Markets & Companies

The Upswing of the Superstars

The Chemical Industry Has Shown Resilience to the Crisis – Now it Must Get Fit for the Future

19.04.2022 - For its annual report "Value Creation in Chemicals 2021 – Ten Years of Steady Growth – and a Few Superstars," the strategy consultancy Boston Consulting Group examined the performance of leading international chemical companies from 2011 to 2020. The long-term perspective shows that the industry has mastered serious market downturns with astonishing confidence.

Rising oil prices, the Covid-19 pandemic with its unprecedented drop in demand, and finally the supply shock — the recent crises have hit the chemical industry hard. Sales and profits plummeted, and share prices went into a tailspin. But the industry demonstrated unexpected resilience. The chemical sector was among the first to recover — an indicator of a general economic upturn in many regions.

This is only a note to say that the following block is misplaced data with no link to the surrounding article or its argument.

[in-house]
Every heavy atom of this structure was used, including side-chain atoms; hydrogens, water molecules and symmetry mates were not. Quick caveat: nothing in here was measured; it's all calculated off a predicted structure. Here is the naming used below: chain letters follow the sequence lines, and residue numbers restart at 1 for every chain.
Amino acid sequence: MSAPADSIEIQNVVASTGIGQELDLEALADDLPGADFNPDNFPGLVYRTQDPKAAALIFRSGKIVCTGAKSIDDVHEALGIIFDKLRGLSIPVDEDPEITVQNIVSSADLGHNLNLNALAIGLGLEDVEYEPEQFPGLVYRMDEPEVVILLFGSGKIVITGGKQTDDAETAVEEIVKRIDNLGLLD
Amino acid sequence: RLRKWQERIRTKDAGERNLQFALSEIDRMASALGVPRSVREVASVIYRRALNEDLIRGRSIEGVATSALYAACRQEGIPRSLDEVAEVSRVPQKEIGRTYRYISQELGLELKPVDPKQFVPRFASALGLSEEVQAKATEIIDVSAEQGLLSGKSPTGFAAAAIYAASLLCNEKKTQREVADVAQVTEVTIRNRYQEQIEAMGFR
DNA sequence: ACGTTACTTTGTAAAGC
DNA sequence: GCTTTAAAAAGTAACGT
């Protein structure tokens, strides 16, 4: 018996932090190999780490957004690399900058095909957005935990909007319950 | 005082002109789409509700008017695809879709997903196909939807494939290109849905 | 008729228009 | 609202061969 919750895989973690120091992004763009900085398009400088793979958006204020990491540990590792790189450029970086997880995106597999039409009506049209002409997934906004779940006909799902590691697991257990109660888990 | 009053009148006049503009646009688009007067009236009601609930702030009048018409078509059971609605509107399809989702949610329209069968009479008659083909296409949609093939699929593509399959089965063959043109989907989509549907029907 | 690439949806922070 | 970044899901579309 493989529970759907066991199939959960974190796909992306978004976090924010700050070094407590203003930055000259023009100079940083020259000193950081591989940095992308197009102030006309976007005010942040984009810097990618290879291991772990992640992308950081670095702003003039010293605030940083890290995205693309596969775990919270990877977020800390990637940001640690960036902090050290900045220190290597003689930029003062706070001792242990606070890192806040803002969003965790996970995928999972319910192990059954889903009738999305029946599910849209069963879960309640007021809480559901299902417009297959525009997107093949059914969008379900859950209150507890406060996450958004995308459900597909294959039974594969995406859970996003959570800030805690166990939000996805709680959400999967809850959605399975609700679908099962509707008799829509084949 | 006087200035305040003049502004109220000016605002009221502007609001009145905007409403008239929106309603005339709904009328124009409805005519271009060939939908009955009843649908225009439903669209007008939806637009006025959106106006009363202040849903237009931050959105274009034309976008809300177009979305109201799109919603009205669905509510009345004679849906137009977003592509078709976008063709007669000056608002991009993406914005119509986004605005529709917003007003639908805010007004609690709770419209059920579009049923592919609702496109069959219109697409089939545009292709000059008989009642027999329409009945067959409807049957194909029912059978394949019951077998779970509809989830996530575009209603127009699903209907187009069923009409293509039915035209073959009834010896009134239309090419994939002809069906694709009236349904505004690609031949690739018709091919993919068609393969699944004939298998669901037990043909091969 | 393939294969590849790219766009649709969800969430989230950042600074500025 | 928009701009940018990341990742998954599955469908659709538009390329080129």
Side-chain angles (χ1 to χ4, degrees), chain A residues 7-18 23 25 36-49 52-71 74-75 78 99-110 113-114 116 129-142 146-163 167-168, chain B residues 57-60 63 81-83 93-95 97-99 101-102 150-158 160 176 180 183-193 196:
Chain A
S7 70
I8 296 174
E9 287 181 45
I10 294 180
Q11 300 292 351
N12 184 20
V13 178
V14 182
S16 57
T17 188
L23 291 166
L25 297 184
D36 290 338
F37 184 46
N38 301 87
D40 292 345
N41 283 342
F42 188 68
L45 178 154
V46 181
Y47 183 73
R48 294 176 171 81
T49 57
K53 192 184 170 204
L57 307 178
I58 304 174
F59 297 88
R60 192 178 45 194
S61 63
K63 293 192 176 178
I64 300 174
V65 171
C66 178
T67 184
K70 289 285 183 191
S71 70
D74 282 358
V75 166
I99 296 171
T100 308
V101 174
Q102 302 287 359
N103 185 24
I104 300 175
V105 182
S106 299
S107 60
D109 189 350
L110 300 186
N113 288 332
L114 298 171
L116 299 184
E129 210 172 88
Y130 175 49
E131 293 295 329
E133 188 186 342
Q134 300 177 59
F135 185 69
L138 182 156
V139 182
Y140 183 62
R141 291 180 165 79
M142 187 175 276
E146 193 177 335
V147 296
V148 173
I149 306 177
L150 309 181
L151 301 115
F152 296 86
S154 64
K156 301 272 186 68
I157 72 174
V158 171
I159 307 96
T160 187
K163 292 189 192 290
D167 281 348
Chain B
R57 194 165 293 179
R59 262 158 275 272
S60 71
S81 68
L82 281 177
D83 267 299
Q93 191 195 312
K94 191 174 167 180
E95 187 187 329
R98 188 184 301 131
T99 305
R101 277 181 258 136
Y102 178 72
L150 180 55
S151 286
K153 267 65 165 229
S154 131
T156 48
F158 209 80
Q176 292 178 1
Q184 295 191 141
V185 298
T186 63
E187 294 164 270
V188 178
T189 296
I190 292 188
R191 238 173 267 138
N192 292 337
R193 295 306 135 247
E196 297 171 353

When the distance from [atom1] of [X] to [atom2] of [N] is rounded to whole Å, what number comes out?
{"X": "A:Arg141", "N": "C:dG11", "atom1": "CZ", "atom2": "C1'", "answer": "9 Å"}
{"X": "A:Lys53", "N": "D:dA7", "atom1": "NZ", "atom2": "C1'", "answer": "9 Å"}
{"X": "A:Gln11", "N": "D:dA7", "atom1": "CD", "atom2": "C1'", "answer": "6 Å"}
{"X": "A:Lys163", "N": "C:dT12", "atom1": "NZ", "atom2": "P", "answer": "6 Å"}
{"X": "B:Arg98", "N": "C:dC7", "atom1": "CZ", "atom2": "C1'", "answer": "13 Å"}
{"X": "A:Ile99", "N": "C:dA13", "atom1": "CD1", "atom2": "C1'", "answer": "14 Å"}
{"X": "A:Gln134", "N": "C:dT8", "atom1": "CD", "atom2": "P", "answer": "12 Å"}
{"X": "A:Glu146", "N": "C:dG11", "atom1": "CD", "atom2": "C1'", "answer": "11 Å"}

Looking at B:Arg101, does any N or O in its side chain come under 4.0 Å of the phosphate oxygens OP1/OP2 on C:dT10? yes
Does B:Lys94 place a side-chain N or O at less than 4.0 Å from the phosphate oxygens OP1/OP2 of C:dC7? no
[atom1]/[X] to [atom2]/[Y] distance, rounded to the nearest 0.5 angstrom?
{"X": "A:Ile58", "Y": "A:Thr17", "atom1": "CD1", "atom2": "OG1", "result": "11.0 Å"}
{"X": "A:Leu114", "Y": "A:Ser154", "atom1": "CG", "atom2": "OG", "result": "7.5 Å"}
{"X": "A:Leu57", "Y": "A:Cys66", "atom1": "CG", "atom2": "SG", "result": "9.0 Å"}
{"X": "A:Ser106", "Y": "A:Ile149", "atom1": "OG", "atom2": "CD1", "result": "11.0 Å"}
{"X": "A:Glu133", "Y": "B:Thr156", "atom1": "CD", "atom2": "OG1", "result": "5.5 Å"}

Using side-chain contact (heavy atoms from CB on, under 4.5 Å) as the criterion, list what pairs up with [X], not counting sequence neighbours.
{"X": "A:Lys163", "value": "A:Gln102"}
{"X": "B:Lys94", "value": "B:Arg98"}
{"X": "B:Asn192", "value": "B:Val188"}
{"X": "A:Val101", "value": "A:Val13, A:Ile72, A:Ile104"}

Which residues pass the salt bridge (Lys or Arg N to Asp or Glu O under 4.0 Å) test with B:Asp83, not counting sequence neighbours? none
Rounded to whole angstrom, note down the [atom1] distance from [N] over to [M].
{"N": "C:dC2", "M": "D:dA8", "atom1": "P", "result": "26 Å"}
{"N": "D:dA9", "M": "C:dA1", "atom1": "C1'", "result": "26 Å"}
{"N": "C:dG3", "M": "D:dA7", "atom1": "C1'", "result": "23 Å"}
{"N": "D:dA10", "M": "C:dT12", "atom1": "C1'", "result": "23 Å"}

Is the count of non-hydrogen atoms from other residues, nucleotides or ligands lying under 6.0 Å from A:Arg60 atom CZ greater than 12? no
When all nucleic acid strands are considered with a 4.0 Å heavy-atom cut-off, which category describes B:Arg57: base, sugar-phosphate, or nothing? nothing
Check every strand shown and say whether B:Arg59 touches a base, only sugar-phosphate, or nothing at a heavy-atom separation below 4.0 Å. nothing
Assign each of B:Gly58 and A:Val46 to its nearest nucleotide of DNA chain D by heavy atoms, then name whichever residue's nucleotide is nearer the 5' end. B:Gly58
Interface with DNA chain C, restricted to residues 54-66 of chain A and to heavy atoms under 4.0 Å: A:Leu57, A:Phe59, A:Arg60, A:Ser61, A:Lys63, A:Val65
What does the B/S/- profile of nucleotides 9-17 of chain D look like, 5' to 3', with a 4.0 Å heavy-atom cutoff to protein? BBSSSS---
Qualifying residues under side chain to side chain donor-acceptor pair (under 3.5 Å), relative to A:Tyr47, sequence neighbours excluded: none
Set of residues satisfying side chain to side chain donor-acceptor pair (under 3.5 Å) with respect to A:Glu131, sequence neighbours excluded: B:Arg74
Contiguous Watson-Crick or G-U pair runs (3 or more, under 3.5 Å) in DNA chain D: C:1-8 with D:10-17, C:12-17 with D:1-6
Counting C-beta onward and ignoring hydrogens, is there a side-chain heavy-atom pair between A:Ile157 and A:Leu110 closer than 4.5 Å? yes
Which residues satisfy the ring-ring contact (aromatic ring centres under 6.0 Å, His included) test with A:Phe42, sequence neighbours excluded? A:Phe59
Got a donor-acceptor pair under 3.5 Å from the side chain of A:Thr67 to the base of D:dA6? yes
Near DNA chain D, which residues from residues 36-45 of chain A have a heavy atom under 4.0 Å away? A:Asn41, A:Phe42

For its annual report „Value Creation in Chemicals 2021 — Ten Years of Steady Growth — and a Few Superstars,“ the strategy consultancy Boston Consulting Group (BCG) examined the performance of leading international chemical companies from 2011 to 2020. The long-term perspective shows that the industry has mastered serious market downturns with astonishing confidence. For the 69 large-cap companies in the chemical industry — these are publicly traded companies with a market capitalization of more than $ 7 billion — the median annual total shareholder return (TSR) from 2011 to 2020 was 12%, while the median value for all sectors was 11%.